“Faster and better”: How this AI startup raised the alarm for coronavirus a week before the World Health Organisation

Wuhan China

Streets near Hankou Railway Station, Wuhan, China. Photo: Benjamin Chris.

Canadian artificial intelligence startup BlueDot has been ahead of global health organisations for tracking the spread of coronavirus, first raising the alarm on New Year’s Eve, a week before the World Health Organisation and the US Centre for Disease Control.

According to media reports, BlueDot founder and chief executive Kamran Khan says the startup has been able to predict vulnerable locations thanks to the machine learning’s ability to compile information from official sources and “little murmurs or forums or blogs”.

“We know that governments may not be relied upon to provide information in a timely fashion,” Khan said.

“We are trying to push the frontiers for using data and analytics in technology to do things faster and better,” he added.

By analysing flight data from Wuhan in China, the epicentre of the most recent outbreak, the Toronto-based startup has so far been accurate in predicting the spread of the virus to cities such as Tokyo, Bangkok and Hong Kong.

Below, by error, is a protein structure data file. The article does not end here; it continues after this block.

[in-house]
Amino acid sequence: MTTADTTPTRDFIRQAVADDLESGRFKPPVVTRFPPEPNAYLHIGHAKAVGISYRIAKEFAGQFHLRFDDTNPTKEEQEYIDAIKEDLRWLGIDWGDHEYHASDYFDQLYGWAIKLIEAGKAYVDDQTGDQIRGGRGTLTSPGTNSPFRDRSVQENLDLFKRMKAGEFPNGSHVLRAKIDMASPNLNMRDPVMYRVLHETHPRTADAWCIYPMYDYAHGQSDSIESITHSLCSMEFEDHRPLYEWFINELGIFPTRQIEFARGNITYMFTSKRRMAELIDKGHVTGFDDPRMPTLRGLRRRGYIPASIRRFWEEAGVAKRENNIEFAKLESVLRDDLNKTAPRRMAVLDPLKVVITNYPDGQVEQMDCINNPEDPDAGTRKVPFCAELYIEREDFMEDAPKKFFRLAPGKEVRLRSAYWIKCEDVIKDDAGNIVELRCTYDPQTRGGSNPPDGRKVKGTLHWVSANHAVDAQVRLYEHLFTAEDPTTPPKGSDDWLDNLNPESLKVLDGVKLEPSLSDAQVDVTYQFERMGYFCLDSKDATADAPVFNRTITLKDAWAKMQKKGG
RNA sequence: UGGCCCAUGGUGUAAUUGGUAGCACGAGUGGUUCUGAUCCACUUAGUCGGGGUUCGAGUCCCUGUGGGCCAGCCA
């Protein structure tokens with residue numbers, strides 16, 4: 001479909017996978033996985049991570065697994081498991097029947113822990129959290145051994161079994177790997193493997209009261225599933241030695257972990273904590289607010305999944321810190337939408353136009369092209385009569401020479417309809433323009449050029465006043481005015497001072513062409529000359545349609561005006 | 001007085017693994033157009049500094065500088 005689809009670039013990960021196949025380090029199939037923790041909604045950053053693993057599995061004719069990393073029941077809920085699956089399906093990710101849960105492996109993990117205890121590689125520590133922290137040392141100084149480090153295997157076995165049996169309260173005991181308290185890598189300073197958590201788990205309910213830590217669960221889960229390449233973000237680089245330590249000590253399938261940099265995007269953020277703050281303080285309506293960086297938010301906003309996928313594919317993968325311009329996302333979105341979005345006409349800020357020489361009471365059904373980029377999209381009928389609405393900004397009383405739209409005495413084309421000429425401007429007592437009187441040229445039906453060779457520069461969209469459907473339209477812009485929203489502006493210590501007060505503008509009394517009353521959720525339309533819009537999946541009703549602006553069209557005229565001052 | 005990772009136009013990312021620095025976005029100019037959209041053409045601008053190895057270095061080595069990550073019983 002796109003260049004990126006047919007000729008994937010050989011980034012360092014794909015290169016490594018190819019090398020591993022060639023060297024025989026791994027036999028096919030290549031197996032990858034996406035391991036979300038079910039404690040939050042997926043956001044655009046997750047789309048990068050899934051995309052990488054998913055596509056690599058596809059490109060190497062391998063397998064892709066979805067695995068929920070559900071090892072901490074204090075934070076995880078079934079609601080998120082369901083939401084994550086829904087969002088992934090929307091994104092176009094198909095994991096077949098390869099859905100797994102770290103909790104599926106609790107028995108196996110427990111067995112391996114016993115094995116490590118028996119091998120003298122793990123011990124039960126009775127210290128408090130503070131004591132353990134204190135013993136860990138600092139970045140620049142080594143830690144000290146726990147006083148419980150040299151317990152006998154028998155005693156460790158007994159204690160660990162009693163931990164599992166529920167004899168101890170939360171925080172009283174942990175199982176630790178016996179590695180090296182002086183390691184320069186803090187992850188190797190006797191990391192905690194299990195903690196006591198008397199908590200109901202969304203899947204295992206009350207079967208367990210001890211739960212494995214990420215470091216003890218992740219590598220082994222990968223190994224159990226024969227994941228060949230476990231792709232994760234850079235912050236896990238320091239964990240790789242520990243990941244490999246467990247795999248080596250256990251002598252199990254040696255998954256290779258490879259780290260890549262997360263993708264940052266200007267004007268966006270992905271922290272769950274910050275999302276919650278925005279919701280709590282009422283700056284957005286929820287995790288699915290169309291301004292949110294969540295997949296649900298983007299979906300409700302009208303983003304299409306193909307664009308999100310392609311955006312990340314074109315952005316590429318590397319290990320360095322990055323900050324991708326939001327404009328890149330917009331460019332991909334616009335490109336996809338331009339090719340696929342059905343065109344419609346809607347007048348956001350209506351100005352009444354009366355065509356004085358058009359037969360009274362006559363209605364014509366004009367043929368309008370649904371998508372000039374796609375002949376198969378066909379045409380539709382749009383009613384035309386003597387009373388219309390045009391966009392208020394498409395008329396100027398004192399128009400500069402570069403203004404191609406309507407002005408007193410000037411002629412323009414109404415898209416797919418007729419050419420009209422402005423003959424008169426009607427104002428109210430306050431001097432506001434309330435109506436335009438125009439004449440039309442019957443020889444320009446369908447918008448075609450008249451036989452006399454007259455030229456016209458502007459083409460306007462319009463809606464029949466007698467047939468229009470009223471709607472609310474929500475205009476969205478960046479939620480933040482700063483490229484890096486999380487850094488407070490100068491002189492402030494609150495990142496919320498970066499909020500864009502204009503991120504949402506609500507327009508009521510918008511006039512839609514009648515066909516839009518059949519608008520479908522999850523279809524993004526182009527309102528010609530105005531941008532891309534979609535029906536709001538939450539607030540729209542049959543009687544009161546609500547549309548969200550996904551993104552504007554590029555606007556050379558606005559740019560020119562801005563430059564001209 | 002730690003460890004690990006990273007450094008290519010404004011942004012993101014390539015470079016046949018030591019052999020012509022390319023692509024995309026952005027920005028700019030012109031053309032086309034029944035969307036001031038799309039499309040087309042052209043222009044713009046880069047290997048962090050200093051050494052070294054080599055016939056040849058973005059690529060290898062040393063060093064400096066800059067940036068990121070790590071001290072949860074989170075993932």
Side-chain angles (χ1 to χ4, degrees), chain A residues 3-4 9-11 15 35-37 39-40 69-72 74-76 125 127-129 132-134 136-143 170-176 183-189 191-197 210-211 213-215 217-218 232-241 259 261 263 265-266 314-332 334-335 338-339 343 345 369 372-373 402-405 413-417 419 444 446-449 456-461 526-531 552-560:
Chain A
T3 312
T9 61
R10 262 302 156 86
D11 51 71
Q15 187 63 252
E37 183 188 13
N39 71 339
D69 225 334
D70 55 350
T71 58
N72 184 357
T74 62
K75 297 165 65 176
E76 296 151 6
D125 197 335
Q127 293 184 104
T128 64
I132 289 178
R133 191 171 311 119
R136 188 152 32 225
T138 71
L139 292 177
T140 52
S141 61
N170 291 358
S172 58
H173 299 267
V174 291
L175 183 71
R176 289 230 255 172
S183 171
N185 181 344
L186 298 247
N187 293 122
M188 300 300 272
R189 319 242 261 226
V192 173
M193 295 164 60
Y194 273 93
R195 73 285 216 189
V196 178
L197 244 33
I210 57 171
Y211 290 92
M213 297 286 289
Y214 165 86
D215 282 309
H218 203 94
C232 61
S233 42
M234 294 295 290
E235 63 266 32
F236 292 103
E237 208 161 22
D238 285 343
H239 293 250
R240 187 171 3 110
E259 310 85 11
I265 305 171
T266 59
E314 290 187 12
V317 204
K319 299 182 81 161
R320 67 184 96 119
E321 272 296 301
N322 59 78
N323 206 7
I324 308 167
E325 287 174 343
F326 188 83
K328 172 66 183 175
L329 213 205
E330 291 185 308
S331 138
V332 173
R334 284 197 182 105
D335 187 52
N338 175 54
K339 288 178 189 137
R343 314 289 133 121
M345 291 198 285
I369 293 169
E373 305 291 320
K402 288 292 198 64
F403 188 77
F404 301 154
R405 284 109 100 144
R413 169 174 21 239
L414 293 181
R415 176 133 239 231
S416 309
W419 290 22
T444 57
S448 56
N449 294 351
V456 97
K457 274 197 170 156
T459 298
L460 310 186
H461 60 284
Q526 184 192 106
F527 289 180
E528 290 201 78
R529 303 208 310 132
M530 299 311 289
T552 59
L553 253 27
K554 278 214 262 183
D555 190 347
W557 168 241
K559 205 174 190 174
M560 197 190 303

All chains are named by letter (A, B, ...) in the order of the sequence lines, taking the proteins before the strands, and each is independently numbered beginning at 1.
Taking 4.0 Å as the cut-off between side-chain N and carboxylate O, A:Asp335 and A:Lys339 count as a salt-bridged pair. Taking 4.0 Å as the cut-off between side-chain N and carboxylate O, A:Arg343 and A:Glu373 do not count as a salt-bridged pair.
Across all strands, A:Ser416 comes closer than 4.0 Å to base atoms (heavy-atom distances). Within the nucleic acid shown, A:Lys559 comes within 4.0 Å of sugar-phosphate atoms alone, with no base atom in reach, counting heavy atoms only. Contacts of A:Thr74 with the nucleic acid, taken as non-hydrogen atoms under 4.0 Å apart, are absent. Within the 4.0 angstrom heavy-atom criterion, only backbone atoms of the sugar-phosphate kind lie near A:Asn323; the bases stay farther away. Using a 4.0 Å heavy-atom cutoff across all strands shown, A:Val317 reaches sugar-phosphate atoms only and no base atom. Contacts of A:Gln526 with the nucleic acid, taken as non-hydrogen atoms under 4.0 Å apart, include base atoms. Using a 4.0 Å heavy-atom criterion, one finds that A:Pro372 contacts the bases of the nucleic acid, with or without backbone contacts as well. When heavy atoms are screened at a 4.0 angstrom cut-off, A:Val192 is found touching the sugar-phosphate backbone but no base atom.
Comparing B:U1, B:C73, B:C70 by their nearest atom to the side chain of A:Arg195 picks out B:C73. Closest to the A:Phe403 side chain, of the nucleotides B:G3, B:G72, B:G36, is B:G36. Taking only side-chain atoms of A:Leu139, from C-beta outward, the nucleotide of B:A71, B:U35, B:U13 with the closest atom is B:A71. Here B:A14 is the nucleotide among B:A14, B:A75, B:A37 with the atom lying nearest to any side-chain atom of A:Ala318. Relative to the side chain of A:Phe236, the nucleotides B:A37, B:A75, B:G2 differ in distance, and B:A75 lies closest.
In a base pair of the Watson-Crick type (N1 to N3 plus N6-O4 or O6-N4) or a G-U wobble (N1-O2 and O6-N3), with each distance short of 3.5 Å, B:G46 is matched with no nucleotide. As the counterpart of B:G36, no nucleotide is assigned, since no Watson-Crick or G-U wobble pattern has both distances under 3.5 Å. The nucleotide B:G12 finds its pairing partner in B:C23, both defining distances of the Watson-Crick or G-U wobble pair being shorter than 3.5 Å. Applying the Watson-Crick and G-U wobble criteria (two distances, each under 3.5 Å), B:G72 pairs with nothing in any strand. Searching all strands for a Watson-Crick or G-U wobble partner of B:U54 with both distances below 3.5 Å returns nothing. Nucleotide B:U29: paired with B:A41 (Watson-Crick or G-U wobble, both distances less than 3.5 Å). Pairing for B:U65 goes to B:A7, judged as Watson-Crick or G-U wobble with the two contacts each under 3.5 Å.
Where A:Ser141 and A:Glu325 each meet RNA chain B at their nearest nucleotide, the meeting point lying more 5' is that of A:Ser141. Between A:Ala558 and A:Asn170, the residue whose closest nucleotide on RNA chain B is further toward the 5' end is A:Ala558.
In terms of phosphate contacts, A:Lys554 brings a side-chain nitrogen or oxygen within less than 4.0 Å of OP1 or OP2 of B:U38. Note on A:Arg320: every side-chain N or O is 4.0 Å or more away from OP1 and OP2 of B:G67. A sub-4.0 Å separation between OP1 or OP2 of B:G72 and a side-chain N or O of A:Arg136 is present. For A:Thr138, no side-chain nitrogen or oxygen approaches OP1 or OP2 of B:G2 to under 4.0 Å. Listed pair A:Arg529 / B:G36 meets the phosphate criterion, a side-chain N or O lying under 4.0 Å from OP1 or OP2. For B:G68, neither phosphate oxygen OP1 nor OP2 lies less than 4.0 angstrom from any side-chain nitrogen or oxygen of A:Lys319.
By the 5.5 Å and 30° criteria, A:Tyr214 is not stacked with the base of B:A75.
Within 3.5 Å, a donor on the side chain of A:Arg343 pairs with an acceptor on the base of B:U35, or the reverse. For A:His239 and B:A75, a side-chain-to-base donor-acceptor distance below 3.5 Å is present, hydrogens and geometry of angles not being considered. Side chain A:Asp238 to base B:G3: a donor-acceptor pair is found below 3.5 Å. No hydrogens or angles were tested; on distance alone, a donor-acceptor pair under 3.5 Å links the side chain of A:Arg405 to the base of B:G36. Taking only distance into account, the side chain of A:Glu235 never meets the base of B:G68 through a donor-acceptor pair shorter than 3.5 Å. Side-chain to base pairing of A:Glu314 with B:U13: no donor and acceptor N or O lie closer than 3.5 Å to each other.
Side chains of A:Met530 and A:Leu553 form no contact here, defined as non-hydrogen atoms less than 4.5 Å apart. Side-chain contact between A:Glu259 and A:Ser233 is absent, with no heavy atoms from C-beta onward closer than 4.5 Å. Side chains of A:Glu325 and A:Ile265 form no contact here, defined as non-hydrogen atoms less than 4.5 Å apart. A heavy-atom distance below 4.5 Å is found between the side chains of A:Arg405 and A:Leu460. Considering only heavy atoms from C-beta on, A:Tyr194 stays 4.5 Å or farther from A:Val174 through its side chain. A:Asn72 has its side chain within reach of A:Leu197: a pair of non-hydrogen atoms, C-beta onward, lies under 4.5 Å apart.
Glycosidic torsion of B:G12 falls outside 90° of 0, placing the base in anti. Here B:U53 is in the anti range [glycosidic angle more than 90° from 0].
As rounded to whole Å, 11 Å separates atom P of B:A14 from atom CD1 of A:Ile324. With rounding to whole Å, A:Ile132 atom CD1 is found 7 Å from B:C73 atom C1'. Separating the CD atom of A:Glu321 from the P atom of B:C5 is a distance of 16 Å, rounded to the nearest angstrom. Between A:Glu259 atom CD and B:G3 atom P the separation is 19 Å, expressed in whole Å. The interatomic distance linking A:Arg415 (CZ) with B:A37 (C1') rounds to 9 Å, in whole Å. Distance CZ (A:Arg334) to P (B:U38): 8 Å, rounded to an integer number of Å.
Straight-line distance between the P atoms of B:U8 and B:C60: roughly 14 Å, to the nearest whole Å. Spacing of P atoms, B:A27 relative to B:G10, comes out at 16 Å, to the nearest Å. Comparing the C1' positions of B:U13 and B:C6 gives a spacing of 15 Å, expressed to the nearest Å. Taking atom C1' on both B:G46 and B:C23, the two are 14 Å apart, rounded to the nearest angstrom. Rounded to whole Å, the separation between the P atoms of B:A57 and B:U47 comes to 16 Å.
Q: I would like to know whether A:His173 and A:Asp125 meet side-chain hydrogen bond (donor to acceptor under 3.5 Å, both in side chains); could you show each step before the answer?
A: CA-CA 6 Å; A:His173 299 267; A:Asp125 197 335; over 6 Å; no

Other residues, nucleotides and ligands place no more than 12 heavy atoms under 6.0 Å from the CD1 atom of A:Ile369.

The BlueDot team of 40 includes scientists, tech experts and healthcare specialists, who are filtering through the large amounts of data pulled from international newspapers in dozens of languages, official health reports, satellite climate data, and government statistics of population, local insect species and health resources.

As a result, these governments, hospitals and businesses have reportedly signed on to become BlueDot’s clients.

Khan was a doctor at St. Michael’s Hospital in Toronto during the SARS outbreak, where 44 people died.

“It was a profound event where I had a chance first hand to see a colleague of mine get SARS,” Khan said.

There are now 40,660 cases of coronavirus patients and 910 deaths.

NOW READ: Healthtech Coviu lands $1.2 million grant to commercialise remote physio solution

NOW READ: Meet the Aussie entrepreneur letting you diagnose the flu through your smartphone

Trending

COMMENTS

Subscribe
Notify of
guest
0 Comments
Inline Feedbacks
View all comments